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Fremund

(d. 866)


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(d. 866),

martyr. Reputedly a relative of Offa, king of Mercia, and of Edmund, king of East Anglia, he became a hermit. But as he had royal blood, he was a possible claimant to the throne of Mercia and was killed by an apostate kinsman Oswy, with the help of some of the same Danish army who slew Edmund. He was buried at Offchurch (Warwickshire); his relics were translated to Dunstable in 1212, where miracles attested his sanctity. Cropredy (Oxon.) also claimed to possess his body. Little reliance can be placed on the details of this traditional account; he may have been a purely fictional character. Feast: 11 May, in three medieval calendars, including Syon Abbey.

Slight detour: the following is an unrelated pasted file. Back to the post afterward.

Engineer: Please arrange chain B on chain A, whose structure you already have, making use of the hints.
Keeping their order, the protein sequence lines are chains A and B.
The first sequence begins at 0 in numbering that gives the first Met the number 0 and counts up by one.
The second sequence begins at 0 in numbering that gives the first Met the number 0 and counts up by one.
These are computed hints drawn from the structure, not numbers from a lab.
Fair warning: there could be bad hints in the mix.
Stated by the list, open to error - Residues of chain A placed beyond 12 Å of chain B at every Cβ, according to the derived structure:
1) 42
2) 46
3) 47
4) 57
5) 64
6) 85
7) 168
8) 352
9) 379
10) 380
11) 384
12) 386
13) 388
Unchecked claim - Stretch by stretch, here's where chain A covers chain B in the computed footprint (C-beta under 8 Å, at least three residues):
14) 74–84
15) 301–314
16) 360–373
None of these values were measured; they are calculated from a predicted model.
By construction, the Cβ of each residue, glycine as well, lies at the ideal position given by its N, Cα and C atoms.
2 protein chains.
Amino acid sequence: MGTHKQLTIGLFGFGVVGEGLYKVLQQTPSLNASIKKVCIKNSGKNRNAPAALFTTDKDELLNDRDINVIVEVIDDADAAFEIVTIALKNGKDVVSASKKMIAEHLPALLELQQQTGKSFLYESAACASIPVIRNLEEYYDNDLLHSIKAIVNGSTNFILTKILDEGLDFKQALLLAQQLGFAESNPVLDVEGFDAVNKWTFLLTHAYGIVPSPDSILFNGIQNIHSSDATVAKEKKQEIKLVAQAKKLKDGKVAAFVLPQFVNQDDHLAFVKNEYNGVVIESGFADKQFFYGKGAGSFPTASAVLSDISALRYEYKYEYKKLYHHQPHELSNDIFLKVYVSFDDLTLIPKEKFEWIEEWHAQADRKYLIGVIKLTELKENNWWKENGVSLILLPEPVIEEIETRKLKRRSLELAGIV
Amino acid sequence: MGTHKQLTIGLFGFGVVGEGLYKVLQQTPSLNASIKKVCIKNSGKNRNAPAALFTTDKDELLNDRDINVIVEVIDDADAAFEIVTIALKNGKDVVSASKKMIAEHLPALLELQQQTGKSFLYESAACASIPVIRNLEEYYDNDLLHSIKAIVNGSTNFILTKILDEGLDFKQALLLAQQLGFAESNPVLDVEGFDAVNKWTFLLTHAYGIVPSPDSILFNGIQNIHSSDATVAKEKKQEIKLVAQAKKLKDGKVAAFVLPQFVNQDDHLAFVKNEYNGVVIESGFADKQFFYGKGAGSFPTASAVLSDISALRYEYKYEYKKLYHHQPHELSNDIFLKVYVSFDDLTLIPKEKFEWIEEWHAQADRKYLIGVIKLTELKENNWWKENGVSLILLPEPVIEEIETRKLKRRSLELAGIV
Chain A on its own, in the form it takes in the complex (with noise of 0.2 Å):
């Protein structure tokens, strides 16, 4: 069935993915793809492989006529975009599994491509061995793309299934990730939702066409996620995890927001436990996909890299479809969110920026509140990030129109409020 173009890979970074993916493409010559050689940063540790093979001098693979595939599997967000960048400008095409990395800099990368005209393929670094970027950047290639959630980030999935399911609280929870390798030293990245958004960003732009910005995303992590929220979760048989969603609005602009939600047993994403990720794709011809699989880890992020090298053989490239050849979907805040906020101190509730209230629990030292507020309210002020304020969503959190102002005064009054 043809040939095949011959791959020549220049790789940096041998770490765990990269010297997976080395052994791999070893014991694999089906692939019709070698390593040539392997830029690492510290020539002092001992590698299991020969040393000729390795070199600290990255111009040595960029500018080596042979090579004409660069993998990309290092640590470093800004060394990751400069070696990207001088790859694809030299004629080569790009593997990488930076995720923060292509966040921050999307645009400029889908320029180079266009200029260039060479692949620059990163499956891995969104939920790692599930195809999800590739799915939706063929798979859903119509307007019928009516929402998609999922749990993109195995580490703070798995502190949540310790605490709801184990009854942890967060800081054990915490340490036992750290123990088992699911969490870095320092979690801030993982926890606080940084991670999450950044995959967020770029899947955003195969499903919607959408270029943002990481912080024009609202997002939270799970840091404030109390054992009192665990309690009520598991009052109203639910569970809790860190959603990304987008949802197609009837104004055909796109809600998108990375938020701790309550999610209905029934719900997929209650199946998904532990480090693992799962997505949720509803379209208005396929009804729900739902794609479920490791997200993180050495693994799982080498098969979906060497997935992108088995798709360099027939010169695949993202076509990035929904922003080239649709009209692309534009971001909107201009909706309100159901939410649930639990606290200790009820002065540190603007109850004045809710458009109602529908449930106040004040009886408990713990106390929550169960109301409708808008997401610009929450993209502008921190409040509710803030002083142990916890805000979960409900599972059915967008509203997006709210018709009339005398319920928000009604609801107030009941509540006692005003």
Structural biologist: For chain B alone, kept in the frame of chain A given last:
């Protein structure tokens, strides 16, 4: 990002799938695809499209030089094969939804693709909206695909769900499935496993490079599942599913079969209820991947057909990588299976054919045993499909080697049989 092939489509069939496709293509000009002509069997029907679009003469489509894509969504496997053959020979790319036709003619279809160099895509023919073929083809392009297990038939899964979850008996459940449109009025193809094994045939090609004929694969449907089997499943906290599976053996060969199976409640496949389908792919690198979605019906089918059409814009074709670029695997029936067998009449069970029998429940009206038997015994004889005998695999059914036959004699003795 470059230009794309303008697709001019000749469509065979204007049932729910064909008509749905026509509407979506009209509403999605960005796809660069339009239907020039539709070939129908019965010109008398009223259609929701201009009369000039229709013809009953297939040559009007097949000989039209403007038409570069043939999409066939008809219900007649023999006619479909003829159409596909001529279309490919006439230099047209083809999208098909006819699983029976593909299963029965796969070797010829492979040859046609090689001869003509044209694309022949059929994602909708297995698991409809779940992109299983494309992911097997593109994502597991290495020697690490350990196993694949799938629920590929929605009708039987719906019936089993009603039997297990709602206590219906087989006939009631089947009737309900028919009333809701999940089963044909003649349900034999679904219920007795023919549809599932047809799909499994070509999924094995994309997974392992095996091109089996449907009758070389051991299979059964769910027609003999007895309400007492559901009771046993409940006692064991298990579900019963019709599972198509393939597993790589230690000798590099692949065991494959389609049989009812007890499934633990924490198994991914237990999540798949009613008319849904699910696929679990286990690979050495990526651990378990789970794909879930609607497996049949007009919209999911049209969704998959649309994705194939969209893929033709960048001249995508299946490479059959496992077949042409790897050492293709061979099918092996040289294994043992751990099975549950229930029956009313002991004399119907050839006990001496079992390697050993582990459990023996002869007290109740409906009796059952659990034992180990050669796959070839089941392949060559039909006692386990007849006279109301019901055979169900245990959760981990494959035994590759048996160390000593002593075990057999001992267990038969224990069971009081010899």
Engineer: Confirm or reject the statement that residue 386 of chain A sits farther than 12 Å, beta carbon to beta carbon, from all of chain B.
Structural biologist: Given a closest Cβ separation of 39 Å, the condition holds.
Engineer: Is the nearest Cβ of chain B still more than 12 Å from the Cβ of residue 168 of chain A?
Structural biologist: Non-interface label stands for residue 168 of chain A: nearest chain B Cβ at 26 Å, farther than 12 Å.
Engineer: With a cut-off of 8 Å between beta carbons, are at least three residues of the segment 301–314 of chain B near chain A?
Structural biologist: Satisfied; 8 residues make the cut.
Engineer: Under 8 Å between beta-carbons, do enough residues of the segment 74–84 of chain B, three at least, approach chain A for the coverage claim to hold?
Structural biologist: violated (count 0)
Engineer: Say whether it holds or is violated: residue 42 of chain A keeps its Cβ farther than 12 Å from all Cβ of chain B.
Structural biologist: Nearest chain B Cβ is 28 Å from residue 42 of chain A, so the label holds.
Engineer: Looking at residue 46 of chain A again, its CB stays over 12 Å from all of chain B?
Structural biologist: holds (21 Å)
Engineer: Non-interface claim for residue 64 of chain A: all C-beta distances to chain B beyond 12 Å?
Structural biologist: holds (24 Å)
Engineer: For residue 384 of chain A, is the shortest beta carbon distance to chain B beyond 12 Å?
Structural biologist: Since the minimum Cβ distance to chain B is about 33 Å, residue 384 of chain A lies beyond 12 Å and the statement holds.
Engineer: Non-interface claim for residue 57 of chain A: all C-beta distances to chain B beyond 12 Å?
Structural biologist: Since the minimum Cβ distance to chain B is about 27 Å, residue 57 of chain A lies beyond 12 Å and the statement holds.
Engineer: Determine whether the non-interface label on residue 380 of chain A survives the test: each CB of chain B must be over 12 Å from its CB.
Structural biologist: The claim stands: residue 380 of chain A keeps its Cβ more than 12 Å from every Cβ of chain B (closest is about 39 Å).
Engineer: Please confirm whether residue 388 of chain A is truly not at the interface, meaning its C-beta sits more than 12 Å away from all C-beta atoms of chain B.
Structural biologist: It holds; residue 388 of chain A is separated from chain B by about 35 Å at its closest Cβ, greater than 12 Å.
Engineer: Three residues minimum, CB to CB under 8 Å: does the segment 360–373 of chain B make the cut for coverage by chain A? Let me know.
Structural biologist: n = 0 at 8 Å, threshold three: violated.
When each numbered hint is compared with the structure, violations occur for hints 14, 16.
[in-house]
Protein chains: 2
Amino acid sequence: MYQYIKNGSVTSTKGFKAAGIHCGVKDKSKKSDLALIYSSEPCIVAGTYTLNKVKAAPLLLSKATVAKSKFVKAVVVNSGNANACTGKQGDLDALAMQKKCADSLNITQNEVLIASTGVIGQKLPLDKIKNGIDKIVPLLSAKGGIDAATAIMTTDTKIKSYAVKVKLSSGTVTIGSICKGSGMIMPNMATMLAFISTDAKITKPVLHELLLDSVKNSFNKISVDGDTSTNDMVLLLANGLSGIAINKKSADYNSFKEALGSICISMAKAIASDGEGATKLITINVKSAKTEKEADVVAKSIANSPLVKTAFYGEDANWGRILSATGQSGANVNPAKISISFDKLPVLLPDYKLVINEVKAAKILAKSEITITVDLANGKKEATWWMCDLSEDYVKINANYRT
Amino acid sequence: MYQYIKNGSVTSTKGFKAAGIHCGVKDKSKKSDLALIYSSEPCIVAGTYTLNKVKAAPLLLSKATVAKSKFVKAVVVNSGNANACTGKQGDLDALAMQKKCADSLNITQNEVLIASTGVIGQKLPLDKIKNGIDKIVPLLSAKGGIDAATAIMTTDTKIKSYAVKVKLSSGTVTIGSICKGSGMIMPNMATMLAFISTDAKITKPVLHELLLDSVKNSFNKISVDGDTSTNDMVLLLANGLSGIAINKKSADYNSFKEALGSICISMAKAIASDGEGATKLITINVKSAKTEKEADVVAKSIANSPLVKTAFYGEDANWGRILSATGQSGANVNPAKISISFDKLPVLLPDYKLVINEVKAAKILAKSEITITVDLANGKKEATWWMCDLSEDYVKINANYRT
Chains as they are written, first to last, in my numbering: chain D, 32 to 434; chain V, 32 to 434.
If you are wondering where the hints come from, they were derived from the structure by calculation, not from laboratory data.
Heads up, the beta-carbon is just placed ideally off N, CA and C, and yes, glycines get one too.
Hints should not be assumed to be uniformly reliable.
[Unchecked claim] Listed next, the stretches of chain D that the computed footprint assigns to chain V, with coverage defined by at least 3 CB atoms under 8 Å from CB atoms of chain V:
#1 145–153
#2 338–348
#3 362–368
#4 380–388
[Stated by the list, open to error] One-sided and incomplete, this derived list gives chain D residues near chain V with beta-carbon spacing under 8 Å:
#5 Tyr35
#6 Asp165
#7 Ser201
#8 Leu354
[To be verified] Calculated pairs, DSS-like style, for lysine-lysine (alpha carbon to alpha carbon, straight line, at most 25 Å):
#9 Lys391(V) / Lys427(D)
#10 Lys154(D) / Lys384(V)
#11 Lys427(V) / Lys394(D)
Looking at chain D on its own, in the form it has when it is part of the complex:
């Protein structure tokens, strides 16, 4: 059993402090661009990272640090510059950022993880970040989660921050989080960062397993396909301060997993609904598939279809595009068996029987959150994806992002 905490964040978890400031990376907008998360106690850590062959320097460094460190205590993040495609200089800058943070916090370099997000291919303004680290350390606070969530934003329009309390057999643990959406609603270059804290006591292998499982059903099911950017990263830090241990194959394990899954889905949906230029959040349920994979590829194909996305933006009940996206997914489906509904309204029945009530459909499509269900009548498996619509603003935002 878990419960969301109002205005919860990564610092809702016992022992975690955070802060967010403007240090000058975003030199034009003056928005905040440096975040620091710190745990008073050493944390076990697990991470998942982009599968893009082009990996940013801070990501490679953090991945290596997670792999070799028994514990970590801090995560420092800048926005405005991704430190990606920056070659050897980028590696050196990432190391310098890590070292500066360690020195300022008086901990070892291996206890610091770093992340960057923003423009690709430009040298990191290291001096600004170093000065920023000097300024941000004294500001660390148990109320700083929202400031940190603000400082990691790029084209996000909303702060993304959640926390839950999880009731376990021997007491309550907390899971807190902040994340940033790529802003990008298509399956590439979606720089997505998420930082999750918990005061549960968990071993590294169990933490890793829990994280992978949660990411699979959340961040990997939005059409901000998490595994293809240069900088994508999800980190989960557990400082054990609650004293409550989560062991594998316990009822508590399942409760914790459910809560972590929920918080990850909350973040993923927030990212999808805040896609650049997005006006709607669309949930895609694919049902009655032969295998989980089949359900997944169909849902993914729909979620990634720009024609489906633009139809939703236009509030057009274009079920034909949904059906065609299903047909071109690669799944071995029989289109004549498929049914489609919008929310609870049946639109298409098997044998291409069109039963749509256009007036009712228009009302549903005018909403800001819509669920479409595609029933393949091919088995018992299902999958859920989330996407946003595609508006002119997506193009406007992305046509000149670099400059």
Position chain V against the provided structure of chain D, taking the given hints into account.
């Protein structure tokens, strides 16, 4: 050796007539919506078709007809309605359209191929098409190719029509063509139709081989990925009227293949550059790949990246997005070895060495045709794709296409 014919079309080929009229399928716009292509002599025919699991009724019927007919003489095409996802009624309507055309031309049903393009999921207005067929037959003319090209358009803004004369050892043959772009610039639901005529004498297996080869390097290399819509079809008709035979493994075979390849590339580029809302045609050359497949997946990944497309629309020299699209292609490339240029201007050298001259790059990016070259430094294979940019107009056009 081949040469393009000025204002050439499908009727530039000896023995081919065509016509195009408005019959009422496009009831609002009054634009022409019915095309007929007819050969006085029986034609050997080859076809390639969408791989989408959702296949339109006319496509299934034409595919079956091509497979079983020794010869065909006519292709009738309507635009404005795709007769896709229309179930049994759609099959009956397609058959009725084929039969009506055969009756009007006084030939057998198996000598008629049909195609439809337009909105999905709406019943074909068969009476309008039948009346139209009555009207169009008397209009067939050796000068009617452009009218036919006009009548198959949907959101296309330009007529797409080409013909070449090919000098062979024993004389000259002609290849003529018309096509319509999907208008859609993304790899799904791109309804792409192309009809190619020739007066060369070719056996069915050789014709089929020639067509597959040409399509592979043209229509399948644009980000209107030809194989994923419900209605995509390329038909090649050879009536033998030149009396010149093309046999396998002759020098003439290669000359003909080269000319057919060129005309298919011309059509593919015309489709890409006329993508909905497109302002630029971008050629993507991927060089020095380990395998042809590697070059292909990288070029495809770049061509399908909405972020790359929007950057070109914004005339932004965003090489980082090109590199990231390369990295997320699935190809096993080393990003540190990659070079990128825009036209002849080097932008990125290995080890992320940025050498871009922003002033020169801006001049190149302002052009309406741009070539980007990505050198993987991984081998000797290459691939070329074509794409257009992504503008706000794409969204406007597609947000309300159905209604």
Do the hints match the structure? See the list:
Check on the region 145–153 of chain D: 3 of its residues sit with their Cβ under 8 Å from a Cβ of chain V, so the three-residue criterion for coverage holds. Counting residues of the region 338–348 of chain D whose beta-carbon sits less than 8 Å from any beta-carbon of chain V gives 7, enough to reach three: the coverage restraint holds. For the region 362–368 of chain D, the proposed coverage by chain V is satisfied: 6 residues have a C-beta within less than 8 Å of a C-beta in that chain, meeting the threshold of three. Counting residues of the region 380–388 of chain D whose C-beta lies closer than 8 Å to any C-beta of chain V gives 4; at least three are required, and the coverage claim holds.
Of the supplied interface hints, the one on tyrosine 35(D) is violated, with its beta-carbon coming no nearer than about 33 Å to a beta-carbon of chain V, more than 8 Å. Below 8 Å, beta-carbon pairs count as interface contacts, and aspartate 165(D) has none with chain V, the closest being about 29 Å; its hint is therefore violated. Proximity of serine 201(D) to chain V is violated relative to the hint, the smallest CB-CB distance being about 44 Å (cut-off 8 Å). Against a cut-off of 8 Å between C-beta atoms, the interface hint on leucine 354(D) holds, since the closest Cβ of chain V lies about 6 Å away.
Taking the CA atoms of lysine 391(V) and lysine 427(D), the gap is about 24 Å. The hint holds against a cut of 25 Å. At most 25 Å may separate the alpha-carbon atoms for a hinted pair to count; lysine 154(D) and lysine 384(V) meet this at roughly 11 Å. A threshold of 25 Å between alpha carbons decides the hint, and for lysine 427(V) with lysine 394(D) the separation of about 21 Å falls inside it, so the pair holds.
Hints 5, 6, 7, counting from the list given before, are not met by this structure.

N.L.A., i. 450–6; metrical Life ed. Lord Francis Harvey in The Pinchbeck Register, ii (1925), 365–78; William Worcestre, p. 165; Stanton, pp. 207, 645.

Subjects: Christianity.


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